Note: a complete summary of today’s Security Council meeting will be made available after its conclusion.
IZUMI NAKAMITSU, High Representative for Disarmament Affairs, describing the norm against nuclear testing as “one of the most hard‑won gains of the post‑cold‑war era”, stressed that norm exists today because of the Comprehensive Nuclear‑Test‑Ban Treaty, which was violated by only one State in this century. Three decades in the making, a prohibition on nuclear testing has been a goal of the international community almost since the dawn of the atomic age, and the Treaty represents the fulfilment of that goal. From the deserts of Nevada to the steppes of Semipalatinsk to the outback of Australia and the atolls of the South Pacific, nuclear testing has done lasting damage to pristine environments, human health and some of the most vulnerable communities in our international family. This alone should be enough to outlaw nuclear testing in perpetuity. Yet more than 2,000 tests that have been conducted since 1945, ushering in the arrival of new nuclear‑armed States and dangerous growth in the arsenals of their predecessors, she deplored, describing the Treaty as “an essential element of nuclear disarmament” and “a building block for a world free of nuclear weapons” — the United Nations highest disarmament priority.
Since its adoption by the General Assembly and opening for signature in September 1996, the Treaty has achieved a near‑universal adherence, with 185 signatories and 170 ratifying States, making it one of the most widely supported treaties not just in the disarmament and arms control field but in multilateral diplomacy, she continued. The Comprehensive Nuclear‑Test‑Ban Treaty Organization’s (CTBTO) international monitoring system, which provides round‑the‑clock, real‑time monitoring of any explosive nuclear activities on Earth, is now more than 90 per cent complete, with over 300 stations certified, she remarked, depicting this as “a towering achievement”. Despite all these remarkable achievements, there are still many challenges, she added, stressing that the best way to uphold the norm against testing is to reaffirm and enhance support for the Treaty — to reinforce its existing strengths and to strive to bring about its entry into force.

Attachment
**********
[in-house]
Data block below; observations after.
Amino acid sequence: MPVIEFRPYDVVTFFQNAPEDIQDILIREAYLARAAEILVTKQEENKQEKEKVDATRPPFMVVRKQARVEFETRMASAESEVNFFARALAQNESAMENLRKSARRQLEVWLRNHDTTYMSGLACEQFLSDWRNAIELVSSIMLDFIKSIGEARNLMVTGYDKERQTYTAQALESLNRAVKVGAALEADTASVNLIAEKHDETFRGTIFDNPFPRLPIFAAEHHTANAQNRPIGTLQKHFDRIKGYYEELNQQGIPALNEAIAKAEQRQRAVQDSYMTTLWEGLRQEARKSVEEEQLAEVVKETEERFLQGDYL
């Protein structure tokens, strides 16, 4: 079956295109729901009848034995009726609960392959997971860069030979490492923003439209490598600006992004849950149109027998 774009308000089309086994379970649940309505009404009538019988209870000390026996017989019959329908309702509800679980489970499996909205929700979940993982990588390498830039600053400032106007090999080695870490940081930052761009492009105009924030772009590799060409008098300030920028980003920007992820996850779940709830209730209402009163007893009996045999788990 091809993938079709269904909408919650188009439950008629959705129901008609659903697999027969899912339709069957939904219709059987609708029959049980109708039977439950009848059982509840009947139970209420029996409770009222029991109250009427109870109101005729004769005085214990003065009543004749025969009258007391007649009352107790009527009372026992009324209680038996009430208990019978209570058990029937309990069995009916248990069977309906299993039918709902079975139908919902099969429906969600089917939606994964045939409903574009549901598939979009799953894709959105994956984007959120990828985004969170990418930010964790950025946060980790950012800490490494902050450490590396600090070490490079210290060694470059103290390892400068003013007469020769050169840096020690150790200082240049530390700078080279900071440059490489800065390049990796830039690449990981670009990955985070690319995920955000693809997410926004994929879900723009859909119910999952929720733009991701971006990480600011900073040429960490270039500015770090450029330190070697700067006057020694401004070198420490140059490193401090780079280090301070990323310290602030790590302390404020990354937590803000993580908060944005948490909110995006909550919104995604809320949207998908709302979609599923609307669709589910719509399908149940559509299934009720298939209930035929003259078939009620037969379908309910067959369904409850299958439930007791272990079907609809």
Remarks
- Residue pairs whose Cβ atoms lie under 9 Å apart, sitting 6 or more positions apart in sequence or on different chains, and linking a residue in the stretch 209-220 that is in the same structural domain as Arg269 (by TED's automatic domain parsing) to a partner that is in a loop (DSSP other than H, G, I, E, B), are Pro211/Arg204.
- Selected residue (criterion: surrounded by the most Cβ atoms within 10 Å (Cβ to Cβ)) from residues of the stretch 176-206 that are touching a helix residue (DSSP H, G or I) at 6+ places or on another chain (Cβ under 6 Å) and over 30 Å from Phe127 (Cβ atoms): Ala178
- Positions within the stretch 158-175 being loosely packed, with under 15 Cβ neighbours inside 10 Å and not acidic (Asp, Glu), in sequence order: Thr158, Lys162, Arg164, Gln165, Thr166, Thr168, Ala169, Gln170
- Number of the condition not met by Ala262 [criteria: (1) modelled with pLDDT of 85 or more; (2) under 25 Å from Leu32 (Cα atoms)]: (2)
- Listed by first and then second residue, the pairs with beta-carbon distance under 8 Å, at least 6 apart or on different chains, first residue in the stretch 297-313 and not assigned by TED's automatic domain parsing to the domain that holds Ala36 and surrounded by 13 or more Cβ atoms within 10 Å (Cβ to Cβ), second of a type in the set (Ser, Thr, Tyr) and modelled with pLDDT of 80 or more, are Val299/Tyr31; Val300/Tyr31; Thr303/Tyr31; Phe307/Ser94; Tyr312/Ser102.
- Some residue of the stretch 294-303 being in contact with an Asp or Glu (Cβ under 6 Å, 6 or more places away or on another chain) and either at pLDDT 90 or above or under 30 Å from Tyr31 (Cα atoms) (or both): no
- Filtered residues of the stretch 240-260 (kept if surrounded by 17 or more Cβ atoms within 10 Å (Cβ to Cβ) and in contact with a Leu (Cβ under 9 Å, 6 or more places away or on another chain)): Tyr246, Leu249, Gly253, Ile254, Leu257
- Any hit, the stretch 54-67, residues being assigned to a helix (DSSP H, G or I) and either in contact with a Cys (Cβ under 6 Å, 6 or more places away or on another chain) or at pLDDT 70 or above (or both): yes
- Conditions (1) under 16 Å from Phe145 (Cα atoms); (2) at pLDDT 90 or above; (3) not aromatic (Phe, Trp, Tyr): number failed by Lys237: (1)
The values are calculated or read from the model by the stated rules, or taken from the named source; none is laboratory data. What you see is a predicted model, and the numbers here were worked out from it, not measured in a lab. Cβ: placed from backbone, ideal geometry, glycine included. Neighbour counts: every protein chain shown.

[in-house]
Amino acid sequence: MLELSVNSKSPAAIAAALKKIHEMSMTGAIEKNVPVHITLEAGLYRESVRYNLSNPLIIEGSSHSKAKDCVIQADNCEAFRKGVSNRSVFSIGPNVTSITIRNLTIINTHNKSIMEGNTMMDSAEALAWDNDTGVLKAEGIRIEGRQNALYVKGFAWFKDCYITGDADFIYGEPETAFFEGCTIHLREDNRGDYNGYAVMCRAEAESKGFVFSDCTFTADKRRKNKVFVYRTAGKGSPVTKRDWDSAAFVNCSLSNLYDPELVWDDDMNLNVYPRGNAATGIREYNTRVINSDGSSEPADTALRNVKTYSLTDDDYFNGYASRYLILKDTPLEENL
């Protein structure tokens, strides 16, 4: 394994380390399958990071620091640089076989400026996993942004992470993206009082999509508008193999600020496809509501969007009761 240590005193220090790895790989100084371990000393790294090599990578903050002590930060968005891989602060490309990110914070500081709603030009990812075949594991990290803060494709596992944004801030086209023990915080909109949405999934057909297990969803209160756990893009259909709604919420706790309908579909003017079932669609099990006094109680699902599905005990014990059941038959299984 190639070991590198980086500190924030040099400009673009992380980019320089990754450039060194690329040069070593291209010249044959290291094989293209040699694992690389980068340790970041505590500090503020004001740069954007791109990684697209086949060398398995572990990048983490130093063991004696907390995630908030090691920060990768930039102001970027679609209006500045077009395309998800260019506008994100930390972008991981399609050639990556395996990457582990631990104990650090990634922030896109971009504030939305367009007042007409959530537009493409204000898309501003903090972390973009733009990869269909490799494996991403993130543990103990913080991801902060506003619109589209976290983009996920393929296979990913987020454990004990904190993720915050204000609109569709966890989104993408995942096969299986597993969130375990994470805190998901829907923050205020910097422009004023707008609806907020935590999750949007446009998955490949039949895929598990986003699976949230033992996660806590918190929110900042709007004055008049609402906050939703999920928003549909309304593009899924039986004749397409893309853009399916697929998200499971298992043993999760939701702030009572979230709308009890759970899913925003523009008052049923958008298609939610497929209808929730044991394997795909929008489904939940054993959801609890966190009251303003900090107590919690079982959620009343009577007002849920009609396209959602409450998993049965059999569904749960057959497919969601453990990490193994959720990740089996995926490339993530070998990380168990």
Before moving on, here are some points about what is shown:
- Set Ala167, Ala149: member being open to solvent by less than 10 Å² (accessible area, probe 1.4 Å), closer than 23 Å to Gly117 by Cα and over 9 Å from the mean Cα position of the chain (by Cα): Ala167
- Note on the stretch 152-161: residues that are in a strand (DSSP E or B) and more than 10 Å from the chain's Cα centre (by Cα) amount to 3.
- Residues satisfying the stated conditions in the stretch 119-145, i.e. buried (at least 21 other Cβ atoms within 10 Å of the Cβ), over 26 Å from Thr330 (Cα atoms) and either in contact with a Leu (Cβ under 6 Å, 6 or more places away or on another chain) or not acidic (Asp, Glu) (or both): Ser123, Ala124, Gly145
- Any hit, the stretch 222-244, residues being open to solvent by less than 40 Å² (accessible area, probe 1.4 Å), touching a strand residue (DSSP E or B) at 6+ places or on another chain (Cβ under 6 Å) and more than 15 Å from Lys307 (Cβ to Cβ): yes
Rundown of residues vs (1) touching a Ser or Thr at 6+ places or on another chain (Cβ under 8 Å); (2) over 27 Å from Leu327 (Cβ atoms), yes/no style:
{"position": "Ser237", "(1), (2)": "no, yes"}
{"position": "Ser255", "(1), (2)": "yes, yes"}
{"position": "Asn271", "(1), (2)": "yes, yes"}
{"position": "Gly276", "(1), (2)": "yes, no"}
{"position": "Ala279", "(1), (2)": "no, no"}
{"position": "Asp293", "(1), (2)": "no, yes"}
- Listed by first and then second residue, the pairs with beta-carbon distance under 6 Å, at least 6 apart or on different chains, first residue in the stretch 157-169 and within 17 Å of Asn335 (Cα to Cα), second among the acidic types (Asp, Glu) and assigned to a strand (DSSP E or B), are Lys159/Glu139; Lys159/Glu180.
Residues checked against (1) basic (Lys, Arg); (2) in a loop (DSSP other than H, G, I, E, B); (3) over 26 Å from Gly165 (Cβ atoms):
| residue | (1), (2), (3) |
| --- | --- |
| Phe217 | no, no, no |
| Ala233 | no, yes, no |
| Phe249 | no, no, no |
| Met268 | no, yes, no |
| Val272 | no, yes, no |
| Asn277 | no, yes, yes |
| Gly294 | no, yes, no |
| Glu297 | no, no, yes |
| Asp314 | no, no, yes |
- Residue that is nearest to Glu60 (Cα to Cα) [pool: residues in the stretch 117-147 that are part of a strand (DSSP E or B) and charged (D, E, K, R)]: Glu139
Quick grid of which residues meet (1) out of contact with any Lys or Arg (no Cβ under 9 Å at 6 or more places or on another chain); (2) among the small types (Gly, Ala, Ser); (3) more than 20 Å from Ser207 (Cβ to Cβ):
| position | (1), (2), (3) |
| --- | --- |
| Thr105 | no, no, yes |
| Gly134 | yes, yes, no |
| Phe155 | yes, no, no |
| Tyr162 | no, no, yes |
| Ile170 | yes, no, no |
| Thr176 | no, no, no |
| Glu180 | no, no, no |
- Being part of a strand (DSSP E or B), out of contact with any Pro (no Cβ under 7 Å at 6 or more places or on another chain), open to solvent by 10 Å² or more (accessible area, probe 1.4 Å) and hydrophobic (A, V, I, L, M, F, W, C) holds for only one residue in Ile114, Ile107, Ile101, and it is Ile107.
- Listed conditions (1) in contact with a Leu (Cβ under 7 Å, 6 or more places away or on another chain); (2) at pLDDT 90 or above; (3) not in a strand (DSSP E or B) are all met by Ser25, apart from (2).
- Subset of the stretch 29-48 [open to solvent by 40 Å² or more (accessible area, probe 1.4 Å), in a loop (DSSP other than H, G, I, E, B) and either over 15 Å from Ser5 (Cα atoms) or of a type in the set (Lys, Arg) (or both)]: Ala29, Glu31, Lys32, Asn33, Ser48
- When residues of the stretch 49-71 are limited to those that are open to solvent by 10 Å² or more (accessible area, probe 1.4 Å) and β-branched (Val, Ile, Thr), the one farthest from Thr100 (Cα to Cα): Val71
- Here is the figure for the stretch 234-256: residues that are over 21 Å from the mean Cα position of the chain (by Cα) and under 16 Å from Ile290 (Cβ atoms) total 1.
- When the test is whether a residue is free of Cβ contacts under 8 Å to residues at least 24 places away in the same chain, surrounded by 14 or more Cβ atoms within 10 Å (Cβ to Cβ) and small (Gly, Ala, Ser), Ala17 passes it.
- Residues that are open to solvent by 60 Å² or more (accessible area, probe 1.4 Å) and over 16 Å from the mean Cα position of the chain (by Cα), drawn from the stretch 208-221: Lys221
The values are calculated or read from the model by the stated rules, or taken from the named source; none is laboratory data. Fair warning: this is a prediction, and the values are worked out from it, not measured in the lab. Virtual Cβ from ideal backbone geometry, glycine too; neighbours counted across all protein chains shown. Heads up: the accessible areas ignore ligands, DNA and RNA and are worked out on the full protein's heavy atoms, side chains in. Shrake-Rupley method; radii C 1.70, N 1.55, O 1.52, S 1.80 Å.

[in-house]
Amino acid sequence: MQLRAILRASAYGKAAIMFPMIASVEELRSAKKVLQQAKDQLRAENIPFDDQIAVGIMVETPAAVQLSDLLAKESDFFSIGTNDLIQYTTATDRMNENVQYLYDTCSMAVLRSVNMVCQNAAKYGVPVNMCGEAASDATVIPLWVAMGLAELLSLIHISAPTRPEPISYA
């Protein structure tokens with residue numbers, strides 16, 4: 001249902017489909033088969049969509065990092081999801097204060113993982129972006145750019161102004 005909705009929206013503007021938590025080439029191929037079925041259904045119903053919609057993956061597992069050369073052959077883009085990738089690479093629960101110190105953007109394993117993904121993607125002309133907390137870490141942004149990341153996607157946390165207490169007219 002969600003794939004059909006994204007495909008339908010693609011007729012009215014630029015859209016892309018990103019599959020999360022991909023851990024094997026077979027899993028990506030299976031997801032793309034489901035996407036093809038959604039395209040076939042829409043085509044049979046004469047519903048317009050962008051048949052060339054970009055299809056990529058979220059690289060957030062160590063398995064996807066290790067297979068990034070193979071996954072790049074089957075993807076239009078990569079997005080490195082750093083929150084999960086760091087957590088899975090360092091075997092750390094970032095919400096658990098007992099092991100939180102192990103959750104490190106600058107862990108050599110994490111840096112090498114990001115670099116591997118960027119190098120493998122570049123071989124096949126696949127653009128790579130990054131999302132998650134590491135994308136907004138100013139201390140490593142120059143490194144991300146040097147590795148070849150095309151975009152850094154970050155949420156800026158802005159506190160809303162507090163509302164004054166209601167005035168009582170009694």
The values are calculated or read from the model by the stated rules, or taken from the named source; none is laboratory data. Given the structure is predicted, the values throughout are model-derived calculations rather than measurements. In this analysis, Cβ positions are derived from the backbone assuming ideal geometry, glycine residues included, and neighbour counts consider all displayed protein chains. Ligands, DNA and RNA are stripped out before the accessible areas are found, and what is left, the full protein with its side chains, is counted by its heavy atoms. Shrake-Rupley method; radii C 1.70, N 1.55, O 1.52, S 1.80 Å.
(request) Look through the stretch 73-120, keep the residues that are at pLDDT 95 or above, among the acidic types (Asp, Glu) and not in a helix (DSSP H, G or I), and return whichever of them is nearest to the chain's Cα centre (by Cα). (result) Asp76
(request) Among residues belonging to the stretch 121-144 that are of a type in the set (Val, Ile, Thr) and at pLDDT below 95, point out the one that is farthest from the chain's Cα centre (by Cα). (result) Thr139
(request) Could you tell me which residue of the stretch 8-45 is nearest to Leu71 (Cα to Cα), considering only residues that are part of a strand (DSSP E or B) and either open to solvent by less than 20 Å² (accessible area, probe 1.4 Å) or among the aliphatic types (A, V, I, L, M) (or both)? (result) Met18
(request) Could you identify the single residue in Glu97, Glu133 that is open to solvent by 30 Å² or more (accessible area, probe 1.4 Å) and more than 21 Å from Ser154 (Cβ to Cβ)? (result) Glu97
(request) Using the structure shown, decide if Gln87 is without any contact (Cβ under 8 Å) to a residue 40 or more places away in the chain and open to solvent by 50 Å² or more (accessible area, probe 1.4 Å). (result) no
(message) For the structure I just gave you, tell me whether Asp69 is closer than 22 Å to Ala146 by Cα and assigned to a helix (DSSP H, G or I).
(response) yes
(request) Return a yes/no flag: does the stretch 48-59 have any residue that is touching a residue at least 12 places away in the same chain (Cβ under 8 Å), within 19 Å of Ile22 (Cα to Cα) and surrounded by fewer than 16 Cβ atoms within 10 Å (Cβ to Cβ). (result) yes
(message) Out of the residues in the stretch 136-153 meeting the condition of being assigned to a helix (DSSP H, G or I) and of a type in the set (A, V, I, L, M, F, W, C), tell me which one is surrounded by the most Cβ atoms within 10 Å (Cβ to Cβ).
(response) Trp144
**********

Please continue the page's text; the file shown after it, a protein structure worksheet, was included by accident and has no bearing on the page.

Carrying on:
To do so, she emphasized, the youth must be empowered. The Treaty Organization has made great strides in this area, with its CTBTO Youth Group initiative now counting nearly 1,000 participants. The Treaty does not operate in a vacuum, she added, and its full potential is realized when it works in tandem with other processes related to nuclear disarmament and non‑proliferation. The forthcoming Review Conference of the Parties to the Treaty on the Non‑Proliferation of Nuclear Weapons is one occasion to do so. It is vital to continue to provide support for the international monitoring system and further strengthen the Treaty Organization’s technical capabilities to detect activities related to nuclear testing. “Today we rightly celebrate the twenty‑fifth anniversary of a hard‑won victory in multilateral nuclear disarmament diplomacy that has consistently benefited the international community,” she said.
ROBERT FLOYD, Executive Secretary of the Comprehensive Nuclear‑Test‑Ban Treaty Organization, said the significance of the Treaty and its twenty‑fifth anniversary should be understood within the broader context of the world’s collective goal of universal, non‑discriminatory and verifiable nuclear disarmament. “While there may be differing views on the best path to achieve this goal, a verifiable and enforceable ban on nuclear testing must be a core component of the legal and technical architecture of a nuclear‑weapons‑free world,” he said. First proposed in 1954, the long‑awaited and eagerly anticipated Test Ban has been decades in the making. He recalled that, with its opening for signature 25 years ago, the international community declared unequivocally that the era of unrestrained nuclear testing had come to an end.